2017 - NZ - Transition from visual condition rating of cracking, shoving and ravelling to automatic data collection. New!

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2017 - NZ -  Transition from visual condition rating of cracking, shoving and ravelling to automatic data collection.

NZTA Research Report 617.

The manual road condition survey method used in New Zealand (road asset maintenance management ((RAMM)) surveys) was developed during the early 1980s with the primary purpose of feeding into the treatment selection algorithm. For more than 20 years the rating system was adequate for this purpose but as more sophisticated asset management evolved into deterioration modelling and advanced trend monitoring, the data quality from the manual surveys came under scrutiny. Attempts to improve the robustness of the rating system included increasing the recommended sampling size from 10% to 20% of the treatment length plus increasing the requirements for accreditation during the training of raters. Yet, these steps still fall short in increasing the overall usability and repeatability of rated data for the new demands of asset management processes. Automated defect data collection has been undertaken since the mid-1990s with early technology relying on photographic imaging and processing of road surface data. The technology was particularly popular for application on busy asphalt and concrete motorways in the northern hemisphere but failed to deliver acceptable robustness on chipseal surfaces. This situation changed with the arrival of laser scanning technology, which has overcome the limitations of photo-imaging technology. The measurements now solely depend on laser scanning at a high resolution, which gives a comprehensive 3D image of the road profile. Any defects such as cracks, potholes or surface defects can be identified on the image. The benefits this technology offers to the sector include: • surveys of 100% of the road are possible • all aspects of the condition of the surface are captured simultaneously • the measurements take place at high speed (60 to 80km/h), providing significant safety and traffic management benefits • ‘removing’ the human element from the measuring allows for more repeat measurements. Despite the accuracy of the measurement, the constraining factor for the technology is the algorithms that interpret the digital image to identify and quantify specific defects. This has resulted in the main question posed for this project – is the measurement sufficiently robust and is the sector ready to adopt this technology on a wide scale?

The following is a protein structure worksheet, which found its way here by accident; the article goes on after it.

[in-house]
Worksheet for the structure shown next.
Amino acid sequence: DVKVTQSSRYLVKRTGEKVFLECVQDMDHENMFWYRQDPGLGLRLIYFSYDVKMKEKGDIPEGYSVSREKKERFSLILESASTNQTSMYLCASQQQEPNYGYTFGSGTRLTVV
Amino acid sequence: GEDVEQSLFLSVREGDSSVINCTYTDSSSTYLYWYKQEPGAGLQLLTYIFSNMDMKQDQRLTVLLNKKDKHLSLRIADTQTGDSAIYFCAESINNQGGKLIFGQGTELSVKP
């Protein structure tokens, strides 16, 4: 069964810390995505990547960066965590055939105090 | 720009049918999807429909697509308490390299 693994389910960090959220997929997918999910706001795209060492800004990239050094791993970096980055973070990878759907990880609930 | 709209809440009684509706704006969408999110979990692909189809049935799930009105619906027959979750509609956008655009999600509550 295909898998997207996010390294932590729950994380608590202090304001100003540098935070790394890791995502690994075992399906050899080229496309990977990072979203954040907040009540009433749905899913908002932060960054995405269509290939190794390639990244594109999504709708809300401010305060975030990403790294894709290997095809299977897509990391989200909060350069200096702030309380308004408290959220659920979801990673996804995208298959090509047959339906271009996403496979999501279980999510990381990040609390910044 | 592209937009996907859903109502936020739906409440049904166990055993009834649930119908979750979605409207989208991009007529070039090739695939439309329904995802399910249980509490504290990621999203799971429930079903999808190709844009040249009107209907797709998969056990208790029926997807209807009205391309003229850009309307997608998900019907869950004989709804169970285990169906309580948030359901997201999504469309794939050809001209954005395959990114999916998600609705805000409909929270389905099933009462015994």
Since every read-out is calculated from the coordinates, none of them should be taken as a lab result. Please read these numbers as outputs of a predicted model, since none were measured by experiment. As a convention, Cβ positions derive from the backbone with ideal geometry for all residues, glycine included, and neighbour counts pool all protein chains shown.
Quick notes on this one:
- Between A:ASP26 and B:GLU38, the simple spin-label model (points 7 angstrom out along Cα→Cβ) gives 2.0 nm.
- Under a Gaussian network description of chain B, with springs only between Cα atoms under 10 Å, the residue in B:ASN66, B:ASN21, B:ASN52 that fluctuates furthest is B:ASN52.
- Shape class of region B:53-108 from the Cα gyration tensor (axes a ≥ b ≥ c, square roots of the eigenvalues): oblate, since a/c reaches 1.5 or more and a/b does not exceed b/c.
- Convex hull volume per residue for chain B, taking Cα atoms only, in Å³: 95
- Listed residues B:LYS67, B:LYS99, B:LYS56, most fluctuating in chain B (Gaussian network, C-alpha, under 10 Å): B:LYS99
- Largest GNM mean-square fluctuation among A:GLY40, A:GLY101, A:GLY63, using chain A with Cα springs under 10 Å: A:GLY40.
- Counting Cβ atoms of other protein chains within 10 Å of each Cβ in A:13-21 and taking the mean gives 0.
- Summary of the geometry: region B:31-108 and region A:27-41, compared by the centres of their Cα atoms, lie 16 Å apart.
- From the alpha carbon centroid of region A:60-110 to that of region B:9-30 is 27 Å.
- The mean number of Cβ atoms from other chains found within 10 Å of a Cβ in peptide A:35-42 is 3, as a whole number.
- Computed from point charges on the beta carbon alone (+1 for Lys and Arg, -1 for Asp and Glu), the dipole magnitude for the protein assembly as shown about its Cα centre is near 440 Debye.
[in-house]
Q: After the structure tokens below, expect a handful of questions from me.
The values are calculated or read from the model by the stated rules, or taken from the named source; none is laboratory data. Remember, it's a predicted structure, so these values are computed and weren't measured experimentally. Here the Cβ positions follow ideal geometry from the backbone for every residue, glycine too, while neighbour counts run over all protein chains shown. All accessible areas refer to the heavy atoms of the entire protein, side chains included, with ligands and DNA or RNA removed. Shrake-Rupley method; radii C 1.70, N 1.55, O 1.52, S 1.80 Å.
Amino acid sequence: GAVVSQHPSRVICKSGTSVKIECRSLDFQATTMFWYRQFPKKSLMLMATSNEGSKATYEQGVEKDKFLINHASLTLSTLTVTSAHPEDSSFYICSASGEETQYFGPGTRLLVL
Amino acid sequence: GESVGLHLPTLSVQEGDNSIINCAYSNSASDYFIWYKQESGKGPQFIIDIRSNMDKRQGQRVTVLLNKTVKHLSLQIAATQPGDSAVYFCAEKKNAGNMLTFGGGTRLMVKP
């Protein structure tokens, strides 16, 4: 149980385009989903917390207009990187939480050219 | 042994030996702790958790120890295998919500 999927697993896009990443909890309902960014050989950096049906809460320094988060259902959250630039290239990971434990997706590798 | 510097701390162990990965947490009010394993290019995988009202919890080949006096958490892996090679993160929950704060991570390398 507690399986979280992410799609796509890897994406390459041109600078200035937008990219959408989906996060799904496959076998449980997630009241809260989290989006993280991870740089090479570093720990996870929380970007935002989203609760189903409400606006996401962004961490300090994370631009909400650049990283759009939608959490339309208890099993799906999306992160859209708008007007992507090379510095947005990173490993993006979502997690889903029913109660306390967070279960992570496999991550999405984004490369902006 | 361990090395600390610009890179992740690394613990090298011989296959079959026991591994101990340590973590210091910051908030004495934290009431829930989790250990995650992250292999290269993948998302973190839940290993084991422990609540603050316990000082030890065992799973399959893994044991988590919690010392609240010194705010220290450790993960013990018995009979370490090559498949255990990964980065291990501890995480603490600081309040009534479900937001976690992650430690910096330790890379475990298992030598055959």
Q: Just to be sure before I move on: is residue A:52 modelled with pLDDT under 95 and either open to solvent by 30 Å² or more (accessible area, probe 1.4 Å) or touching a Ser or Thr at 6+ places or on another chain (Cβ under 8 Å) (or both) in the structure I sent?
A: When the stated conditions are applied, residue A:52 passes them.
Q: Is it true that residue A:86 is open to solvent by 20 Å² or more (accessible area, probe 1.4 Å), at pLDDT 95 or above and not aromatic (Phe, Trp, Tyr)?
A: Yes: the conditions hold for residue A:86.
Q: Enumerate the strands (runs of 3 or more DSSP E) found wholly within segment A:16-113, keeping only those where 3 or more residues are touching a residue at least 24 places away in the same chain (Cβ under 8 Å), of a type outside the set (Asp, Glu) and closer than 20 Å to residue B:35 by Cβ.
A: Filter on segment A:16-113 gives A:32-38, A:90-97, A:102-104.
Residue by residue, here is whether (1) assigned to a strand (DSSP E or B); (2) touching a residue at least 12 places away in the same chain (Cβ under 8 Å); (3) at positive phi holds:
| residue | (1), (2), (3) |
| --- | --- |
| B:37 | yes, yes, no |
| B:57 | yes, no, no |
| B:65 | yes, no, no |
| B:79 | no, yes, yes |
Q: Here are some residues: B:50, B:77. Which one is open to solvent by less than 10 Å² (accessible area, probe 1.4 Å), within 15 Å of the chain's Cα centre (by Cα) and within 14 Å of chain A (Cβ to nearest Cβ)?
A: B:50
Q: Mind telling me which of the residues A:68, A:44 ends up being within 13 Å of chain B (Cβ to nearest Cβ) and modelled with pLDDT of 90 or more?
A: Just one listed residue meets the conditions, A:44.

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Created Date: 20-05-2020
Last Updated Date: 20-05-2020